Elevating Your Real Estate Portfolio: Multifamily Syndications Vs REITs

Stock market and crypto crashes have become commonplace and are only expected to worsen. According to the Federal Reserve Bank in New York, nearly 70% of consumers and 84% of CEOs expect a recession in 2024.

Anticipating a recession often leads to behavior changes even before a market downward occurs. Consumers tend to reduce spending and seek safe havens from the impending storm.

Real estate is one of the most popular safe havens available because tenant leases provide reliable revenue even when stocks struggle. This is particularly true of multifamily investments because renters need a place to stay regardless of what happens in the economy.

If you ask your financial adviser about getting into real estate, they will likely encourage you to invest in a REIT. If you want alternatives outside the stock market, multifamily syndications are popular.

But which is better?

Diversification: Both REITS and real estate syndications diversify your portfolio.

REITs more closely resemble mutual funds, holding hundreds of properties within a managed fund. You can diversify across multiple real estate markets and from stock market holdings. However, REITs tend to move with the stock market, limiting their ability to serve as a hedge against recessionary conditions.

Multifamily syndications do not tend to move with the stock market and diversify your portfolio with physical real estate assets, serving as a better hedge against inflation. However, it takes more to diversify across markets or asset classes because you have more stake in individual properties.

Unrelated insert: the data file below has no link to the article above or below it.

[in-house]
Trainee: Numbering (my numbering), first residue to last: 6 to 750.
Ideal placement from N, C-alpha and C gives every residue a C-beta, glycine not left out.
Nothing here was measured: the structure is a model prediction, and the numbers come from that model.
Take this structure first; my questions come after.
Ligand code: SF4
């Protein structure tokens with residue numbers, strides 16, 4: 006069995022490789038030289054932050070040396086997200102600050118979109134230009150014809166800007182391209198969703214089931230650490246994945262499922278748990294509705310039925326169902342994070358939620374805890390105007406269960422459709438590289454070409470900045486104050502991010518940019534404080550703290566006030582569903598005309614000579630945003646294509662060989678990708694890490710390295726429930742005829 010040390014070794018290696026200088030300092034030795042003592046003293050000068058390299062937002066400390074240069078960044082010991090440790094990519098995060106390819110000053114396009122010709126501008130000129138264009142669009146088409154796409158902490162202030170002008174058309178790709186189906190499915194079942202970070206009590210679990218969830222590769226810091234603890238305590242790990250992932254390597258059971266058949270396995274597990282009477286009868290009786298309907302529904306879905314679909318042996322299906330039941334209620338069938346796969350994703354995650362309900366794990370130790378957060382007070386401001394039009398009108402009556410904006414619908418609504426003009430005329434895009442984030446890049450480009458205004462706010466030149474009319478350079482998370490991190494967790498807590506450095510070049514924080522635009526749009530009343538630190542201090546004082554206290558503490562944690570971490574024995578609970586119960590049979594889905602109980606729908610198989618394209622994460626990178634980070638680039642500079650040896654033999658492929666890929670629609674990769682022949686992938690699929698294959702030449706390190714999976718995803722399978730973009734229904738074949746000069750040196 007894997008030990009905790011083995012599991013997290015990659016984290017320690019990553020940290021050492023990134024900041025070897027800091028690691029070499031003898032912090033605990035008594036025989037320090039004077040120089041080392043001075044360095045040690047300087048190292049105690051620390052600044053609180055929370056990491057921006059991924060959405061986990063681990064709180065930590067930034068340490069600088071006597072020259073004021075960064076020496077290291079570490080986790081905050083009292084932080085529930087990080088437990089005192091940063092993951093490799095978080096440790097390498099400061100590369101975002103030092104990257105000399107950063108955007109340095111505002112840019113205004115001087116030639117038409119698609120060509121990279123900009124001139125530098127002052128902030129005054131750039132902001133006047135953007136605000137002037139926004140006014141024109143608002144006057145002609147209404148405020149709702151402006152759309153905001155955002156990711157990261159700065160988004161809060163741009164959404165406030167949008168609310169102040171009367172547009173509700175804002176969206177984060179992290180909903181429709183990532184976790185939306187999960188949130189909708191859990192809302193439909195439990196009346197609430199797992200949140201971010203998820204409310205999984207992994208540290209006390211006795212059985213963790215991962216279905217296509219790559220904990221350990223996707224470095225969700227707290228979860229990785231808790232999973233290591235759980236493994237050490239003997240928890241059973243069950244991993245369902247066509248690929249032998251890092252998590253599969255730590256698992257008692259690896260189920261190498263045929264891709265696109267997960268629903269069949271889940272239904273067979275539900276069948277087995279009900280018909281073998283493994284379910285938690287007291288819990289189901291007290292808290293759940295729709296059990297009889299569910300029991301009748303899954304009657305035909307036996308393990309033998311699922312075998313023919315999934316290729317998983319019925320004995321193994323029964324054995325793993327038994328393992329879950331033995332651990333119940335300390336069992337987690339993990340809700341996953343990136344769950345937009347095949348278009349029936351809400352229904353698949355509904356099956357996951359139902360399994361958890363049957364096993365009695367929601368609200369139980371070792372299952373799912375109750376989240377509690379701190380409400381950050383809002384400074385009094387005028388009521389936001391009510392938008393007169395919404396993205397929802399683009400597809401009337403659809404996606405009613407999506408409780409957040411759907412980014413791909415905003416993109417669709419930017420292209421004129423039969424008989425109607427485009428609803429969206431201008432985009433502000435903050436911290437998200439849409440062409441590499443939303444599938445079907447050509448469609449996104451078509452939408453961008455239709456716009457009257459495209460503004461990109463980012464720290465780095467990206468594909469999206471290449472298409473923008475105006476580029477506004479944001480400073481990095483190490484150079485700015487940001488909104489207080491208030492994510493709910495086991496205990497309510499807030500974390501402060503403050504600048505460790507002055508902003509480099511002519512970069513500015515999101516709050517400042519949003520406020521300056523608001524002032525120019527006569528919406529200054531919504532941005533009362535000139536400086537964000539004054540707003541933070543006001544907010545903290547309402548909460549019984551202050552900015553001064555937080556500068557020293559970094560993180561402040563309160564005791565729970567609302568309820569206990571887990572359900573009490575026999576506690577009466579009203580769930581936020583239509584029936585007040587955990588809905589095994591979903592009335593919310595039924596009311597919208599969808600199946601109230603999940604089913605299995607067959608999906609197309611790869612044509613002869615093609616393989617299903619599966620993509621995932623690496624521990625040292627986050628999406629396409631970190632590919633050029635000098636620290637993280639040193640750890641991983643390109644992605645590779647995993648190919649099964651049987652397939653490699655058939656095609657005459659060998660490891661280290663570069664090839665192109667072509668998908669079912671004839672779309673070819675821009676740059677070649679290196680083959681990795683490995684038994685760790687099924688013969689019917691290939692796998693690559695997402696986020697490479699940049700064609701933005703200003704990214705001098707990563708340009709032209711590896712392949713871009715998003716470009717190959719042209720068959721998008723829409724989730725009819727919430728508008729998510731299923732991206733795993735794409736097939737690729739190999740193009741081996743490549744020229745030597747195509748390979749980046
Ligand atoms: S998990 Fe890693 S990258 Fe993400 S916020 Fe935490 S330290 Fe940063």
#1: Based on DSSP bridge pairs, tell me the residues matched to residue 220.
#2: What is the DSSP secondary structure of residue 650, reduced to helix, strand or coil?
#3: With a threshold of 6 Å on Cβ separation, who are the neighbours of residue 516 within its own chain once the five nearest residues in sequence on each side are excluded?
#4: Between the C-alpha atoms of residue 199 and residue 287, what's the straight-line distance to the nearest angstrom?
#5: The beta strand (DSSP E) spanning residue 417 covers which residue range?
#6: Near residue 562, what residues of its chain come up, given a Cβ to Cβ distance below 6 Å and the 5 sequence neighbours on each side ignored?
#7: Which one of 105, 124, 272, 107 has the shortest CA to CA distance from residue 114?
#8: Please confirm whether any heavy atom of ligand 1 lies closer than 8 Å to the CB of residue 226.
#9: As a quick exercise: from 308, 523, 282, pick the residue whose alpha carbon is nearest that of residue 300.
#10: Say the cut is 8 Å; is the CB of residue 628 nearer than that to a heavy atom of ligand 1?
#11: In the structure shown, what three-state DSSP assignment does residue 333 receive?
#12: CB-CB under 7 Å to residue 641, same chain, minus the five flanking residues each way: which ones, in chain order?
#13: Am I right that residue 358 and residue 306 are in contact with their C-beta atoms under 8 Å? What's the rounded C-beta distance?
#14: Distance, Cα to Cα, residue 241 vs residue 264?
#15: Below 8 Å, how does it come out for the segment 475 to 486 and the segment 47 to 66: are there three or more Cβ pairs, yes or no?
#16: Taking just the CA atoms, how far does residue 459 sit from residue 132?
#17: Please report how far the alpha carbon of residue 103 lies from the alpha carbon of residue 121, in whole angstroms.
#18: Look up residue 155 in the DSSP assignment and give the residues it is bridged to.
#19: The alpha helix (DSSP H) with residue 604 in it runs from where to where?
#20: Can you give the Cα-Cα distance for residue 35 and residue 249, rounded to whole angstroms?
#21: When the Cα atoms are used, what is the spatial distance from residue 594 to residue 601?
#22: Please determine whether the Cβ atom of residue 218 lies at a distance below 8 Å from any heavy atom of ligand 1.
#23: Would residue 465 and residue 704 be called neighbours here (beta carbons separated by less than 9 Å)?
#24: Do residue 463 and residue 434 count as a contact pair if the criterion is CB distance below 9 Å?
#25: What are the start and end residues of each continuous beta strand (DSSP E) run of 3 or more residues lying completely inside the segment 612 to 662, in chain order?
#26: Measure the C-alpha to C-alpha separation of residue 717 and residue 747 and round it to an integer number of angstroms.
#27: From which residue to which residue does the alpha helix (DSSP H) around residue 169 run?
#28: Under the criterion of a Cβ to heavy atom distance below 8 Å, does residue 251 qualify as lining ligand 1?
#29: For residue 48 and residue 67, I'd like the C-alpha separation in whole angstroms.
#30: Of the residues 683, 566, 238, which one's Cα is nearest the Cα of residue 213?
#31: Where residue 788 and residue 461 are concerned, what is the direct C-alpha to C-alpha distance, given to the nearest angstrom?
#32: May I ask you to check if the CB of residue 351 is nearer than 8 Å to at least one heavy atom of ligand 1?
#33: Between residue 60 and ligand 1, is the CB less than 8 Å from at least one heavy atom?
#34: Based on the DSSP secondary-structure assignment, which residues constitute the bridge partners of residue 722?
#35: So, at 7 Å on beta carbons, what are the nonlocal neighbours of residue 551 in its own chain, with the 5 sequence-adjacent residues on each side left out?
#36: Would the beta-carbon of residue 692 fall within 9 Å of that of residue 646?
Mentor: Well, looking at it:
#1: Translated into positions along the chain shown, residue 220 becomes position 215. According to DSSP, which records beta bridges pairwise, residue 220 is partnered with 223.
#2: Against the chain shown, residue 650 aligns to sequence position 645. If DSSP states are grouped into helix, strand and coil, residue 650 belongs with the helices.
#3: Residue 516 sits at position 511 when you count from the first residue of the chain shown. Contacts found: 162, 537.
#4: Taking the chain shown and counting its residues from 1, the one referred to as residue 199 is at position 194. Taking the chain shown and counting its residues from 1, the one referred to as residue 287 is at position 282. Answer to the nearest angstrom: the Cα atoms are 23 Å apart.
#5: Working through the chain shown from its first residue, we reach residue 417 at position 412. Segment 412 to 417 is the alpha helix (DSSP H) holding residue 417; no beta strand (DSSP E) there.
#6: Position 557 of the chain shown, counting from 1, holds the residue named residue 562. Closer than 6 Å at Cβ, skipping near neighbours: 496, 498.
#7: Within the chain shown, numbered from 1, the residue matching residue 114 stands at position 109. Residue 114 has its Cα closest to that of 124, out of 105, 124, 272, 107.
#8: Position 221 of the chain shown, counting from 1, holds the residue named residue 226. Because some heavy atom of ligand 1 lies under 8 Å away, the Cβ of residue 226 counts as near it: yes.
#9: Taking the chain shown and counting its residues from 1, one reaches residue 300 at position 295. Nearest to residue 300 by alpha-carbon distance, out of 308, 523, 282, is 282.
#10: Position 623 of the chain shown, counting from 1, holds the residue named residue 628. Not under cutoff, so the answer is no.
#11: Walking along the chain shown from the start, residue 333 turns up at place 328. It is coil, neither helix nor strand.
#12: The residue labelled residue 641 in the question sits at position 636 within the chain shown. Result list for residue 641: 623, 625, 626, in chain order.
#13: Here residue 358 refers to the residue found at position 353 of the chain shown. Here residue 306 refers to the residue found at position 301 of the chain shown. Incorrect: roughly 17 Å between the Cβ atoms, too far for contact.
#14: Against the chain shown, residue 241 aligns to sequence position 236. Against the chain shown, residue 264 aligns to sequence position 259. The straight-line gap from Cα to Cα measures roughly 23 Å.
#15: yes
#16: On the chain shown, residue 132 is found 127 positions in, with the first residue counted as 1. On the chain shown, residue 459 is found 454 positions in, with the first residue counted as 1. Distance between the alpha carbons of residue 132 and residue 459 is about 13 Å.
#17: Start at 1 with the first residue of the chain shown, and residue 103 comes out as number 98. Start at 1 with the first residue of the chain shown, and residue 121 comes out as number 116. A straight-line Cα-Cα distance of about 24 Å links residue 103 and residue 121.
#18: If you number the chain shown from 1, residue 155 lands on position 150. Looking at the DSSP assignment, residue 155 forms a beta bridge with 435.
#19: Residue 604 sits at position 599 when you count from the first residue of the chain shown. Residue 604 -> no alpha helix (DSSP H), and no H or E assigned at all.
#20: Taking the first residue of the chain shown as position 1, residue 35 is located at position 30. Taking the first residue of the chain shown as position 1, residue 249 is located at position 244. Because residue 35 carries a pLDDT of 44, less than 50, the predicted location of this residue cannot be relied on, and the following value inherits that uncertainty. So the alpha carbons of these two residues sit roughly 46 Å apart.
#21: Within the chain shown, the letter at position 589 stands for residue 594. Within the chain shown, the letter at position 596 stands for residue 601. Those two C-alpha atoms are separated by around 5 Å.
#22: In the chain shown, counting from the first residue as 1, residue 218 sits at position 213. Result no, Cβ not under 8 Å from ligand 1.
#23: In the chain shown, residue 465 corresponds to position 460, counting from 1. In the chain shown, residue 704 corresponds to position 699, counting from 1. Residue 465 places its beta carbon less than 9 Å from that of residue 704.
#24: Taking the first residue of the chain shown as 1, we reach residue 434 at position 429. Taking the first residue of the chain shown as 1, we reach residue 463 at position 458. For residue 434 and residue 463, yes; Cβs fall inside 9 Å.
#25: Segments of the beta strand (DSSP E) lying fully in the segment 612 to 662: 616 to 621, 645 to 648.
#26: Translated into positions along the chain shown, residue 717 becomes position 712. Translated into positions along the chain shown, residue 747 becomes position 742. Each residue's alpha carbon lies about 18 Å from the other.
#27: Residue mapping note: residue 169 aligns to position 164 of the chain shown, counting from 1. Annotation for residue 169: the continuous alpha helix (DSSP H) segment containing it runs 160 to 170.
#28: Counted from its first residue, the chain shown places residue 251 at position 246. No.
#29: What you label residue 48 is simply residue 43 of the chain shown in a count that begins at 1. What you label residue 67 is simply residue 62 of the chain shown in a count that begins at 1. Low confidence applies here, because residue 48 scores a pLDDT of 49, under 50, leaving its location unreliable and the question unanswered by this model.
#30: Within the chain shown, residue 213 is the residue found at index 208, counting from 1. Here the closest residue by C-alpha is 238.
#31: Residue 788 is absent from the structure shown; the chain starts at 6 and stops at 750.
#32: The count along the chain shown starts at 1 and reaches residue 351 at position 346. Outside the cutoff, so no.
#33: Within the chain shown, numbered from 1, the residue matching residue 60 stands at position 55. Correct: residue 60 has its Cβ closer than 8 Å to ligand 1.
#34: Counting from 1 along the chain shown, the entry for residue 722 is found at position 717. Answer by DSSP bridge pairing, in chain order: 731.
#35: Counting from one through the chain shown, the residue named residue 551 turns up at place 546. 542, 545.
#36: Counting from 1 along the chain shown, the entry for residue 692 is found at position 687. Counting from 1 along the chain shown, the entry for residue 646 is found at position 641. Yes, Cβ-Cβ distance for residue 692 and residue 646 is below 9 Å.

Cost and Transparency: The SEC regulates both REITs and real estate syndications.

As a public fund, REITs follow public filing requirements, providing a certain level of transparency. However, fees are higher and tend to be less transparent. For example, fund managers earn salaries north of $250,000, plus bonuses, which make up the bulk of their compensation. Other fees and regulatory compliance costs significantly reduce profit potential.

As a private fund, multifamily real estate syndications use written contracts to disclose fees, making them more transparent. Private funds also have fewer regulatory costs, which allow sponsors to pass savings to investors.

Size and Control: The largest REITs own between 2 and 4 billion in assets. In comparison, the average apartment building has 111 units and would cost an average of 43 million to acquire.

REITs are substantially larger investment pools, giving individual investors no control over the location or types of properties within the fund.

Syndications allow you to invest in a specific property from a sponsor you trust, giving you more control over the location and types of properties within your portfolio.

Time Horizon and Cash Requirements: Investing in a REIT is like buying a mutual fund. You can buy and sell anytime. Most funds have low minimum investments, making them highly accessible to everyday investors.

Multifamily syndications are a more specialized investment. The sponsor, along with a group of investors, buys properties. You remain an owner until the syndication closes by selling or refinancing the property, most often in five to seven years.

Syndications have more significant minimum investments, typically of $50,000 or more. While McKee Capital Group accepts non-accredited investors, many syndications do not.

Final Thoughts

REITs allow new and inexperienced investors to dip their toes into real estate. It does not require much cash, and you can buy and sell anytime. However, public funds must comply with extensive and expensive SEC regulations and pay fund managers massive salaries. These costs reduce profits. REITs also tend to move with the stock market, reducing its effectiveness as a hedge against recessionary conditions.

Multifamily syndications are a boutique investment. You often build a relationship with the syndicator and select individual properties you believe will perform well during your period of ownership.

You have more control over where you invest, and it remains a passive investment, with the sponsor completing all the work that goes into locating, acquiring, and managing the asset.

If you want to learn more about multifamily real estate syndications, watch our introductory video.

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